After critical reports on Iran from the UN nuclear watchdog (IAEA), France has said “a strong message” should go from an IAEA board meeting due November 24-25.

Foreign ministry spokeswoman Anne-Claire Legendre told reporters Tehran should “return without delay to fulfilling all its commitments and obligations…resume cooperation…and return to full implementation of the JCPOA.”

Talks aimed at reviving the JCPOA (Joint Comprehensive Plan of Action), Iran’s 2015 nuclear deal with world powers, should resume between Iran and world powers in Vienna November 29.

This will be the first round of talks with emissaries of the new administration led by President Ebrahim Raisi (Raisi). The United States, which left the JCPOA in 2018 and imposed ‘maximum pressure’ sanctions on Iran, will take part indirectly, as it did before the talks lapsed in June.

Grossi In Tehran Next Tuesday

While the IAEA would monitor a revived JCPOA, its director-general Rafael Mariano Grossi has more immediate concerns. The IAEA has confirmed that Grossi will be in Tehran for meetings Tuesday with senior officials, including Foreign Minister Hossein Amir-Abdollahian and Mohammad Eslami, head of the Atomic Energy Organization of Iran.

Grossi has for two months requested such meetings to discuss current ‘temporary’ arrangements for IAEA access and what the agency says are questions left unanswered by Iran over past apparent nuclear activity in sites undeclared to the agency.

Grossi is keen to restore access to a manufacturing site in Karaj to service monitoring equipment, which Iran has not allowed despite a September 12 agreement.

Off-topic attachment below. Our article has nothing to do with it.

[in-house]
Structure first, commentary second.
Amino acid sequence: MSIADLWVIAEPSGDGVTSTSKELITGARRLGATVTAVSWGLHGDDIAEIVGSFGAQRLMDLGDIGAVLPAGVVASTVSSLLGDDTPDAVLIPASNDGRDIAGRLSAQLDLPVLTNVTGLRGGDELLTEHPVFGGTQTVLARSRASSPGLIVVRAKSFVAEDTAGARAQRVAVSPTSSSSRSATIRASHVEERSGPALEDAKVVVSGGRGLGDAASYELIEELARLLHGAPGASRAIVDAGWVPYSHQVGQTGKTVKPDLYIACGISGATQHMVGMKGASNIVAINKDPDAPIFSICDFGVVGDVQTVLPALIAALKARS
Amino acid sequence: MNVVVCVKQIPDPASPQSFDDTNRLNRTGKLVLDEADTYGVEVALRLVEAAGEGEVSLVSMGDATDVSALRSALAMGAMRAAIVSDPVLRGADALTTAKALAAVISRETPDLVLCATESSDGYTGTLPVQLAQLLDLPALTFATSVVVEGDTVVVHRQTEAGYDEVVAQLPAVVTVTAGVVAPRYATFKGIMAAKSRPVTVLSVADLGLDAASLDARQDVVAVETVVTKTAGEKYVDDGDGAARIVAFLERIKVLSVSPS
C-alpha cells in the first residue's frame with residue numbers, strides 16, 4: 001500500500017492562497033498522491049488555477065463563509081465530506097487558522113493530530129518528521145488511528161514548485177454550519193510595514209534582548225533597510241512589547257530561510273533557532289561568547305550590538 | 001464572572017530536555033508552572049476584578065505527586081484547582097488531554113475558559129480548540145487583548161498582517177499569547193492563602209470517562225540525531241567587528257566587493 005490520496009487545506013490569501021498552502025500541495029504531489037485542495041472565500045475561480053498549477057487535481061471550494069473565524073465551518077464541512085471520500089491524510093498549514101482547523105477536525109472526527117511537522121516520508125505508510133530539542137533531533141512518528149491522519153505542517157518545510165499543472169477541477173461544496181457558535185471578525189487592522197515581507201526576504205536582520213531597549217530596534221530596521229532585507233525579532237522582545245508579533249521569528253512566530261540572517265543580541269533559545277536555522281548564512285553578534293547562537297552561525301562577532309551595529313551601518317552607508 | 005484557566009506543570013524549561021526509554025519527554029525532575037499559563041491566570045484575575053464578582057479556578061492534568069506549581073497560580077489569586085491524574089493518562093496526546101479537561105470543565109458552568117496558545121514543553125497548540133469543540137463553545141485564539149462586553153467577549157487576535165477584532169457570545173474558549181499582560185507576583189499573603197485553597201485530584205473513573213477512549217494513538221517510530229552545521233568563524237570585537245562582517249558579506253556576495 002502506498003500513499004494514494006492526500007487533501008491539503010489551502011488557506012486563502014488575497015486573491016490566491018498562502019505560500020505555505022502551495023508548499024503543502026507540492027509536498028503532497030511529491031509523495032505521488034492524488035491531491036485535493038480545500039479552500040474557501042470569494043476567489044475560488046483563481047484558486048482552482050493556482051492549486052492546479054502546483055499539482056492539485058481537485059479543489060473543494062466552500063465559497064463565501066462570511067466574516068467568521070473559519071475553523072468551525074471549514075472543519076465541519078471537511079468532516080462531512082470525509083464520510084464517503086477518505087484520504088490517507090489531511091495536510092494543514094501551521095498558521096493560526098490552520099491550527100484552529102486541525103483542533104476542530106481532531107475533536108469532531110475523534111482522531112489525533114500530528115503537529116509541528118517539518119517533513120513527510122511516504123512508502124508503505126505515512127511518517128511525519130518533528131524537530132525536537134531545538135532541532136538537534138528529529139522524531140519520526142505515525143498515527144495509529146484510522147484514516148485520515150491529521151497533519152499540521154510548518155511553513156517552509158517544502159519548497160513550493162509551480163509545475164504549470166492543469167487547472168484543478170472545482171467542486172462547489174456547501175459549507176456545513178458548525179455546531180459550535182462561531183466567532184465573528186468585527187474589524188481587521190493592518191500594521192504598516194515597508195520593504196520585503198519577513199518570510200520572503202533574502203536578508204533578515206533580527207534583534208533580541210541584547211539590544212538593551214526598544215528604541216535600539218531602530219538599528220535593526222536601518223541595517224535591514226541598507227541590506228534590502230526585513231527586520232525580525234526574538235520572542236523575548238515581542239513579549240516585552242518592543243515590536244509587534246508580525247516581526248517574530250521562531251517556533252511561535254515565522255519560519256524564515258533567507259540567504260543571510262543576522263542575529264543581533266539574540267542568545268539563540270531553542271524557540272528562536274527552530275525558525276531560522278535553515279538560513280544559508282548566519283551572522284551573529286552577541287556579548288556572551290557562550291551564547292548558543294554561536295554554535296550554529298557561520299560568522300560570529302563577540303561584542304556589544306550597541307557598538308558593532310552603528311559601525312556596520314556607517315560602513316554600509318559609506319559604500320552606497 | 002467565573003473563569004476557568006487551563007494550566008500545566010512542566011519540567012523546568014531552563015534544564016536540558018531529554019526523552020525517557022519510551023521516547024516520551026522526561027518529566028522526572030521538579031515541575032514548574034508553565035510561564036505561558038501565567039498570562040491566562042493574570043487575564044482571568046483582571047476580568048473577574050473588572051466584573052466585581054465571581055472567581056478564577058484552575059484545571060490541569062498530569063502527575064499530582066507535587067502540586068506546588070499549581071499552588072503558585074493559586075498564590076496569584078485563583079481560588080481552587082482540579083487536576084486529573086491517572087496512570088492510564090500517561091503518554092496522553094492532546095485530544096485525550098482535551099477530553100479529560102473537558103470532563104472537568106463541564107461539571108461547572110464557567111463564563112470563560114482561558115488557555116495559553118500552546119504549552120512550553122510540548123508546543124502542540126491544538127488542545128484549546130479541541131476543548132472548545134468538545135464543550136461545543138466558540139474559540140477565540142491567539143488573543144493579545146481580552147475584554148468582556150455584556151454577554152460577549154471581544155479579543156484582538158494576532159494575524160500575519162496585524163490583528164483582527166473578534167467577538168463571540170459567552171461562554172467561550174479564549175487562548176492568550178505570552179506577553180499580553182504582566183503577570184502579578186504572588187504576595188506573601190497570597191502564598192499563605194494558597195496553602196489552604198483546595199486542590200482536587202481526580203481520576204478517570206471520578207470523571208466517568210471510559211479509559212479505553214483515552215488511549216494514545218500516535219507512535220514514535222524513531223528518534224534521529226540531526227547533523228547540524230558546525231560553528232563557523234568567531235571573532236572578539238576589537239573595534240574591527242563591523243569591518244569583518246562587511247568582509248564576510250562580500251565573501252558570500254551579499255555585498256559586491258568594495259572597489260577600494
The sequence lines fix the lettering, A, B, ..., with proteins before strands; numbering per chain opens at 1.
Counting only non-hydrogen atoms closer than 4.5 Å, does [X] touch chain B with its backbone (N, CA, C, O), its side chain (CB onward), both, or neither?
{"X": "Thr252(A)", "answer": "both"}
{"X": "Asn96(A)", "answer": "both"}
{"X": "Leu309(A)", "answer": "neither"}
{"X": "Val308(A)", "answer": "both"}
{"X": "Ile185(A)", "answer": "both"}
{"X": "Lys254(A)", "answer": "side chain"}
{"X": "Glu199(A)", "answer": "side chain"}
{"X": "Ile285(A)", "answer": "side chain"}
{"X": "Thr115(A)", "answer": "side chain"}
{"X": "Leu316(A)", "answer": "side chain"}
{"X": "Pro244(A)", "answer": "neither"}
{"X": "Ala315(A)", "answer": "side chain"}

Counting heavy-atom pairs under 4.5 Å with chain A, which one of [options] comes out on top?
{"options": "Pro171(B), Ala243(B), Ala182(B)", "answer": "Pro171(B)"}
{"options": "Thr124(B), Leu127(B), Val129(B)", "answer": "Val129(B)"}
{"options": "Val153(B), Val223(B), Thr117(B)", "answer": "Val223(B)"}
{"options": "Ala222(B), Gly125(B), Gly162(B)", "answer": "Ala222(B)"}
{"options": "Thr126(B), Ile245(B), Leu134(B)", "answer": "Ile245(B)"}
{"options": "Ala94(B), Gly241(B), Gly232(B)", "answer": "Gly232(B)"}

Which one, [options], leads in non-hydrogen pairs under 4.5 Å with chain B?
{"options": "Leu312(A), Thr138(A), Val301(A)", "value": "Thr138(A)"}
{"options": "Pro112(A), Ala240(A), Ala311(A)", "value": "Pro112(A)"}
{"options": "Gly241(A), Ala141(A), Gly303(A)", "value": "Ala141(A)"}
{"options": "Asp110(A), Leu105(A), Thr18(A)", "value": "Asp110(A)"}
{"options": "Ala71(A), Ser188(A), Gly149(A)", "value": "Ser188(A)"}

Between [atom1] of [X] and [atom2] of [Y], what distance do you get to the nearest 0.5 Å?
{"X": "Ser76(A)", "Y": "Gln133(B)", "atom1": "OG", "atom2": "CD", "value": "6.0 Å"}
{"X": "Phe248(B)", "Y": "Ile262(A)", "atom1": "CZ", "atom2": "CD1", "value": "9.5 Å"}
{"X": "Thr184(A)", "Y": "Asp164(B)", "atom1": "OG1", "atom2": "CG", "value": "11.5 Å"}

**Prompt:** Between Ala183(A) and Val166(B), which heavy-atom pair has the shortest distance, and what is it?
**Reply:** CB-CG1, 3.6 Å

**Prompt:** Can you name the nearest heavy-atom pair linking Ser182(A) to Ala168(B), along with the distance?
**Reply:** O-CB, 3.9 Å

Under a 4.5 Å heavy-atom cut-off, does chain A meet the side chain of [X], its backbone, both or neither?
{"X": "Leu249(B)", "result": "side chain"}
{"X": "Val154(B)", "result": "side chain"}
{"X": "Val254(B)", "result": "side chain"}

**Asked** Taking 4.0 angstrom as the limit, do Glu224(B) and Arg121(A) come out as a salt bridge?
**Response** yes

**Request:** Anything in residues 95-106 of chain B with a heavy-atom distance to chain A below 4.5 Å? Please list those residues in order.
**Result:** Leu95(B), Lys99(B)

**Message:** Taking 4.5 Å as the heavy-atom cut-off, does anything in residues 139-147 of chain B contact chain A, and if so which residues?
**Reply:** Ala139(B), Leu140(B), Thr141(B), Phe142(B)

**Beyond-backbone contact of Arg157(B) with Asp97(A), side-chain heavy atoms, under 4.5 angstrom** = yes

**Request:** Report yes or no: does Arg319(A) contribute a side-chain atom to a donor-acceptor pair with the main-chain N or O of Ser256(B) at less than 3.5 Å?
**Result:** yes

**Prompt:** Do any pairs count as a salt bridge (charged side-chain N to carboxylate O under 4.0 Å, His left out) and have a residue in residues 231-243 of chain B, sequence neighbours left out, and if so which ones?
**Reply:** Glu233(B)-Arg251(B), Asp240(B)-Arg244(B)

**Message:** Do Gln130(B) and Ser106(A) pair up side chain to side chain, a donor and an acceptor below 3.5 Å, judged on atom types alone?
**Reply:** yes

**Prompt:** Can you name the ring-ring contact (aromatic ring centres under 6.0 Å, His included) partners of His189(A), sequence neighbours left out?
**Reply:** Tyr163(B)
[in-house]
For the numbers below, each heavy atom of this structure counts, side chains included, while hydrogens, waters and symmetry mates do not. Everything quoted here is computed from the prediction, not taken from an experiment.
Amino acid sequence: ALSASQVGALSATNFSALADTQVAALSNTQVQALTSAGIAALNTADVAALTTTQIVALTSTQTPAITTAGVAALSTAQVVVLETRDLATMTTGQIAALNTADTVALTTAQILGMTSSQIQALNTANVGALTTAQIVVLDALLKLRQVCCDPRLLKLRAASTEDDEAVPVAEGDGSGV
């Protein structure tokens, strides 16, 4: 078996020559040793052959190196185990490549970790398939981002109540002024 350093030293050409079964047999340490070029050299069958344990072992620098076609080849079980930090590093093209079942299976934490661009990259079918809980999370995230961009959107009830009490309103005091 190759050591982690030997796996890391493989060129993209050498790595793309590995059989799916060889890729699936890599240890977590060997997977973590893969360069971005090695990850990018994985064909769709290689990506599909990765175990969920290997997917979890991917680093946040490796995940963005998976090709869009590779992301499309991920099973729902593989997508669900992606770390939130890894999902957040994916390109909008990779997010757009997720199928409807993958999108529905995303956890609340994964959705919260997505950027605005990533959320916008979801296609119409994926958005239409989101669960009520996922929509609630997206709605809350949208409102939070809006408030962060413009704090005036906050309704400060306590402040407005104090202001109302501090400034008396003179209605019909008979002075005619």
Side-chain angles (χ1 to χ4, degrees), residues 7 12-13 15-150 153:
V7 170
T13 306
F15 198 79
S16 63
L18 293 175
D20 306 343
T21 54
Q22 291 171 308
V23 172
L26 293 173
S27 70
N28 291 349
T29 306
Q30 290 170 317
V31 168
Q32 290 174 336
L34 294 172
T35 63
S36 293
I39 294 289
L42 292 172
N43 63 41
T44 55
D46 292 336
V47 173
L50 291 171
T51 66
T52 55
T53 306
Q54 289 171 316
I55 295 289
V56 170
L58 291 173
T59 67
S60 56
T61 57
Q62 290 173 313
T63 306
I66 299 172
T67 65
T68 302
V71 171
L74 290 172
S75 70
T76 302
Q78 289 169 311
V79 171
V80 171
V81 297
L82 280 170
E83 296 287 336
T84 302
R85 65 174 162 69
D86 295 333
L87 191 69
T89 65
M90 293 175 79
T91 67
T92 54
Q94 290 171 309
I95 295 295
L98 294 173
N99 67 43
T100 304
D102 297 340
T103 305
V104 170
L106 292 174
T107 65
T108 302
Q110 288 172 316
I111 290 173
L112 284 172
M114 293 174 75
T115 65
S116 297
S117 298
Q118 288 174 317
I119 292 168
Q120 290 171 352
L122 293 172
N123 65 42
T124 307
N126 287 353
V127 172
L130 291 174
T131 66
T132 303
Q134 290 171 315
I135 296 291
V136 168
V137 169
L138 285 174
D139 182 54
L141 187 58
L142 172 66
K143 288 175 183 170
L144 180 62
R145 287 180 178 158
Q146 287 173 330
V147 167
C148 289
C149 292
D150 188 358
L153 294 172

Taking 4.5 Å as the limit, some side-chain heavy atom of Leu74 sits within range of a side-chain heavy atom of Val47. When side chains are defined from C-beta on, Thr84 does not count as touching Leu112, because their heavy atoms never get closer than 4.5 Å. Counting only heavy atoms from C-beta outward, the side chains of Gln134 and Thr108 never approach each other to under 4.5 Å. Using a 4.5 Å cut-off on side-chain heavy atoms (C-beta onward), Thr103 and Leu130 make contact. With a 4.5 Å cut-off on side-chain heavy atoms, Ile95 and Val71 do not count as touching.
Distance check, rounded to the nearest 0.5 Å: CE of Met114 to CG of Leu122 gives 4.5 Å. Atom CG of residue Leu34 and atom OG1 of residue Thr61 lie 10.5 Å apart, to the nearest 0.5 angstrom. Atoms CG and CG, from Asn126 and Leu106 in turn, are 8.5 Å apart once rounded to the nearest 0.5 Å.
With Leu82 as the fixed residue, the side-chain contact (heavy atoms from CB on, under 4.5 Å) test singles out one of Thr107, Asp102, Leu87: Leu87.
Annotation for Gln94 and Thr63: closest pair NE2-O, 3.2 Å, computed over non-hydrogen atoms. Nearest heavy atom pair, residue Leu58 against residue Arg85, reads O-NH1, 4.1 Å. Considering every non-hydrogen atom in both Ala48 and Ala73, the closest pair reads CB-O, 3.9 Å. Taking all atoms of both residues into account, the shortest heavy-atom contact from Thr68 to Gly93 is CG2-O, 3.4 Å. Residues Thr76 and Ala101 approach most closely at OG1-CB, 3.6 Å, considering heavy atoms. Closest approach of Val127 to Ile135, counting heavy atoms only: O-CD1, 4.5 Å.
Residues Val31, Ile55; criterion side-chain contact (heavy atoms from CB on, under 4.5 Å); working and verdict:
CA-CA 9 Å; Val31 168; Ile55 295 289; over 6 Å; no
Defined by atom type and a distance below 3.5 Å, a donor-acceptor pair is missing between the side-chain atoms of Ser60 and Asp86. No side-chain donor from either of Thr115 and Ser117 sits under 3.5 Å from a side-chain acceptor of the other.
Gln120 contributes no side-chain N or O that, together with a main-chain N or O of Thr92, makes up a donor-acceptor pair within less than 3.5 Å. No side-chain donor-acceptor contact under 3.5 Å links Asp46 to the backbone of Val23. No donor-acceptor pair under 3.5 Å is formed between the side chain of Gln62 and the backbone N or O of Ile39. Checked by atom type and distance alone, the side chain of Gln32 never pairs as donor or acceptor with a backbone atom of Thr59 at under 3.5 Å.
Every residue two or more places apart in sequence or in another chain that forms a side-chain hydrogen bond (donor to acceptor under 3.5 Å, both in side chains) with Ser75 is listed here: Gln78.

The IAEA chief earlier this month told AP he was “flying in a heavily clouded sky.” The Wall Street Journal reported Tuesday that Iran had resumed making parts for advanced centrifuges at Karaj, which the Journal said the IAEA had no knowledge of.

Irking France, as well as the two other European JCPOA signatories – Germany and the United Kingdom – and the US, were IAEA reports this week that inspectors had faced intrusive searches and that Iran had accumulated 17.7kg of uranium enriched to 60 percent, a jump from 10kg in under three months, and 113.8kg enriched to 20 percent, up from 84kg over the same period.

Under the JCPOA, Iran is allowed to enrich only to 3.67 percent. But since 2019, following US ‘maximum pressure,’ Tehran has gradually exceeded JCPOA limits, by using advanced centrifuges as well as by enriching increasingly close to the 90 percent regarded as ‘weapons grade.’

An interim nuclear agreement?

A further complication lies in reports of recent discussions over an interim agreement under which both the US and Iran would take steps towards a renewed JCPOA, the US by ‘allowing’ the unfreezing of Iranian assets currently held by third-parties in fear of punitive US action and Tehran by curbing some aspects of its nuclear program.

Axios news site reported Wednesday that US National Security Advisor Jake Sullivan had raised the prospect of an interim deal with his Israel counterpart Eyal Hulata, after it had been suggested by a European state.

Tehran’s pronouncements on JCPOA revival have stressed its commitment to reviving the deal as agreed in July 2015 rather than seeking interim steps or modifying it. But the JCPOA was itself preceded by an interim agreement, the 2013 Joint Plan of Action, under which Iran froze parts of its nuclear program in return for reduced international sanctions.

An interim agreement could postpone the need for agreement on a crucial difficulty facing negotiators in Vienna during talks April-June, that of agreeing which US sanctions contravened the JCPOA. Reports suggested Iran argued that all sanctions imposed by the Trump administration – whether on ‘nuclear’ or ostensibly other grounds – would need to be lifted.

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